That logic can raise issues as to how takeaways in general which are delivered should be treated. However delivered (in addition to collected) takeaways do qualify for the reduced rate, unless other services are provided in addition to the food, in which case this could be standard-rated (for example, a restaurant providing a cooking service to prepare meals for a dinner party). 

Defining what is off-premises catering as opposed to a takeaway or delivered food has been a niche issue in the past (typically reserved for suppliers delivering cold food) but these temporary changes expands the issue.  Cases such as Value Catering Limited provided some points to consider to determine if a supply is a catering service or a supply of food including (but not limited to);

  • Whether the food was made to order or merely prepared in anticipation of demand
  • Whether the customer could suggest a menu
  • The degree of preparation which remained to be carried out by the customer before the food could be eaten
  • Whether the food was well presented and in a form where a person would ordinarily put it on the table with no further steps being taken
  • Whether crockery and cutlery were provided along with the food itself or were available as an optional extra
  • Whether and how and at what time the food was delivered by the supplier
  • Whether a waiting service was provided by the supplier at the place of consumption, and
  • Whether the food was a complete meal.

Food delivered by third parties

The increasing use of the gig economy for food delivery also raises questions about the VAT liability of charges associated with delivery services provided by a third party. In principle, delivery charges are ancillary to the supply of hot takeaway food and will follow the same liability of the primary supply (so reduced rated). However, additional charges such as commissions charged by third parties are not considered to be ancillary to a supply of hot takeaway food and will be subject to the standard rate.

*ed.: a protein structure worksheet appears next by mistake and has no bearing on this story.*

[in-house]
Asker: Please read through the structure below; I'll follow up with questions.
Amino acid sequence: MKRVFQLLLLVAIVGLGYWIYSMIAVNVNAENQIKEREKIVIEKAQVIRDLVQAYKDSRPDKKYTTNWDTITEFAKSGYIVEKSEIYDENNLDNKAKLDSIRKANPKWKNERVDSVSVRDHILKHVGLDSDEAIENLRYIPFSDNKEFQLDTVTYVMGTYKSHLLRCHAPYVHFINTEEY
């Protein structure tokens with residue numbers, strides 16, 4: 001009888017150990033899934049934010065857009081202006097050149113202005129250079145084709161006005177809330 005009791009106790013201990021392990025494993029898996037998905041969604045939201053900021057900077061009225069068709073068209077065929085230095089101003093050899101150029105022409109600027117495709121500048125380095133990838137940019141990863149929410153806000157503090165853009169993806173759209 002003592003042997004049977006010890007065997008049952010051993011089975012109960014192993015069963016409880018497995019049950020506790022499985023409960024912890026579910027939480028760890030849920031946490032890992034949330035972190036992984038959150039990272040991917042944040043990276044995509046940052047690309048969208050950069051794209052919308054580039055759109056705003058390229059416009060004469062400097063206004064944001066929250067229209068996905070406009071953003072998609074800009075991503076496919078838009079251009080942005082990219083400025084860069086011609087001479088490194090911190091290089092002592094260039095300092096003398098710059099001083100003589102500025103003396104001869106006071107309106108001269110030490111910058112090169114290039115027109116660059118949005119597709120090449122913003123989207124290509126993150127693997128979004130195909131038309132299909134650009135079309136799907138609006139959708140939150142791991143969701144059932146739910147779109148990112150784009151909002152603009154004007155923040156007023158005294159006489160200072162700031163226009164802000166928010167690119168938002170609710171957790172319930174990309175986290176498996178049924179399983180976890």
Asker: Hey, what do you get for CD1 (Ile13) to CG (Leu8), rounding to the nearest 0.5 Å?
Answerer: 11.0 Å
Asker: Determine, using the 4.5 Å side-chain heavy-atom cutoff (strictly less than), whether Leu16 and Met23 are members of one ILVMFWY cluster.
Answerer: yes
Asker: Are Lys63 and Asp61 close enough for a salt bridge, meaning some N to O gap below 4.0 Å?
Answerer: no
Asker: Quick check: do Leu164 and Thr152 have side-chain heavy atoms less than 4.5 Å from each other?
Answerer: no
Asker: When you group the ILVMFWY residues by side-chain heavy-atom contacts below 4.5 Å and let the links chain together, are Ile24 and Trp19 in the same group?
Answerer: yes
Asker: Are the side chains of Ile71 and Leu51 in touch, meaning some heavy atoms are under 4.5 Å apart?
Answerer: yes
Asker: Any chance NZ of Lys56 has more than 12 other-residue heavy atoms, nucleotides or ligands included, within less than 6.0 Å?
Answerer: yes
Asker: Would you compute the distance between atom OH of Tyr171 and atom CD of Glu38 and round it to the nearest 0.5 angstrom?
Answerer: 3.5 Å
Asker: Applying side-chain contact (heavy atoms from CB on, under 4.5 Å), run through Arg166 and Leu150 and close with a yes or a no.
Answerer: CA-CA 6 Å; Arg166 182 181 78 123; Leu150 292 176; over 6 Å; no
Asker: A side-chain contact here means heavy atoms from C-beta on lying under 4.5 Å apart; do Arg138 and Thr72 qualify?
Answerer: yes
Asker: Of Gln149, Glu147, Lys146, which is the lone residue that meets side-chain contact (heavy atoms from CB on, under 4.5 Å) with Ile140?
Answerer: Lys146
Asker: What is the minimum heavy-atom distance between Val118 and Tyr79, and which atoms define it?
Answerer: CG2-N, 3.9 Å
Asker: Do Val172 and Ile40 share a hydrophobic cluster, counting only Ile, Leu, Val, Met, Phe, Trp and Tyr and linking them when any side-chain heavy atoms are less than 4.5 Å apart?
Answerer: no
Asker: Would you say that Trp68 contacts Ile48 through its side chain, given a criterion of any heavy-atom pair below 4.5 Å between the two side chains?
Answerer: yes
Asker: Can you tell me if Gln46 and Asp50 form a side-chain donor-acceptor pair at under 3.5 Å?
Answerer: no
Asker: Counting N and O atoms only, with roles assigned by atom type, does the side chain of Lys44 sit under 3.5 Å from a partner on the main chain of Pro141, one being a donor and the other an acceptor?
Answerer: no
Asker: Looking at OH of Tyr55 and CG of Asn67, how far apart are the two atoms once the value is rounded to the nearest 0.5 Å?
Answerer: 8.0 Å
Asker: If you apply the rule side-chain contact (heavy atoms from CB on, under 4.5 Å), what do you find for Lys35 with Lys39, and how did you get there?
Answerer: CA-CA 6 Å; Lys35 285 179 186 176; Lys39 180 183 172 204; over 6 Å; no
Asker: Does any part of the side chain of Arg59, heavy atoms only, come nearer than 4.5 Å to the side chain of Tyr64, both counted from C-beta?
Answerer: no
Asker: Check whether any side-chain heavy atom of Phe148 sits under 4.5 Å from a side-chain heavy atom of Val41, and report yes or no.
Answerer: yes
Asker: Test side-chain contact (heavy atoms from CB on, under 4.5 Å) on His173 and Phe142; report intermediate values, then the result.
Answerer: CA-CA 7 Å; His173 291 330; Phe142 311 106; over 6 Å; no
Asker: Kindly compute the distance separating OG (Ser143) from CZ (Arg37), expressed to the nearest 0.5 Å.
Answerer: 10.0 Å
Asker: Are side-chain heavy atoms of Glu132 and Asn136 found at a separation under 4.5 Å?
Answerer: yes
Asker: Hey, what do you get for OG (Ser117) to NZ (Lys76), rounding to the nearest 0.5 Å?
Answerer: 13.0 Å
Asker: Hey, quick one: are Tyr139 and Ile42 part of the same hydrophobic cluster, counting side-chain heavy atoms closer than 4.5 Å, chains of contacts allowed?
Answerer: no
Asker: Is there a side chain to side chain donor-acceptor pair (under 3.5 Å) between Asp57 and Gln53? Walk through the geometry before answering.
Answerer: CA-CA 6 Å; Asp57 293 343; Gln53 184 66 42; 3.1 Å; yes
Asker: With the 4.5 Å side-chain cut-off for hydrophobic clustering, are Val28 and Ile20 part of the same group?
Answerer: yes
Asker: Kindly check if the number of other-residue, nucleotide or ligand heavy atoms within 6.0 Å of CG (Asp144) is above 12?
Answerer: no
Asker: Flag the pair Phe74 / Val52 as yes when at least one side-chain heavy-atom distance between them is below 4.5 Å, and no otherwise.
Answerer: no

Eat Out To Help Out scheme

HMRC has issued some useful guidance with examples demonstrating how VAT must be accounted for by restaurants and similar establishments using the scheme. One key issue is that the restaurant still has to account for VAT on the total selling price before the Eat Out To Help Out discount has been applied. The government reimbursement is treated as third party consideration such that VAT is due on the menu price and not the amount actually paid by the customer.

What does it mean for my business?

Determining if you supply a ‘catering service’ can be difficult and rests on the individual facts of each supply. Likewise ensuring that you account for the correct amount of VAT when participating in the Eat-Out-To-Help-Out scheme may not always be easily apparent, as HMRC accepts by issuing numerous examples in its recent guidance.

Read more on the VAT changes for accommodation and attractions.

Read Restaurant and Bars 2021 - An outlook for restaurant and bars recovery

Please feel free to contact your usual BDO contact or any BDO VAT specialist if you have any questions or queries concerning these matters.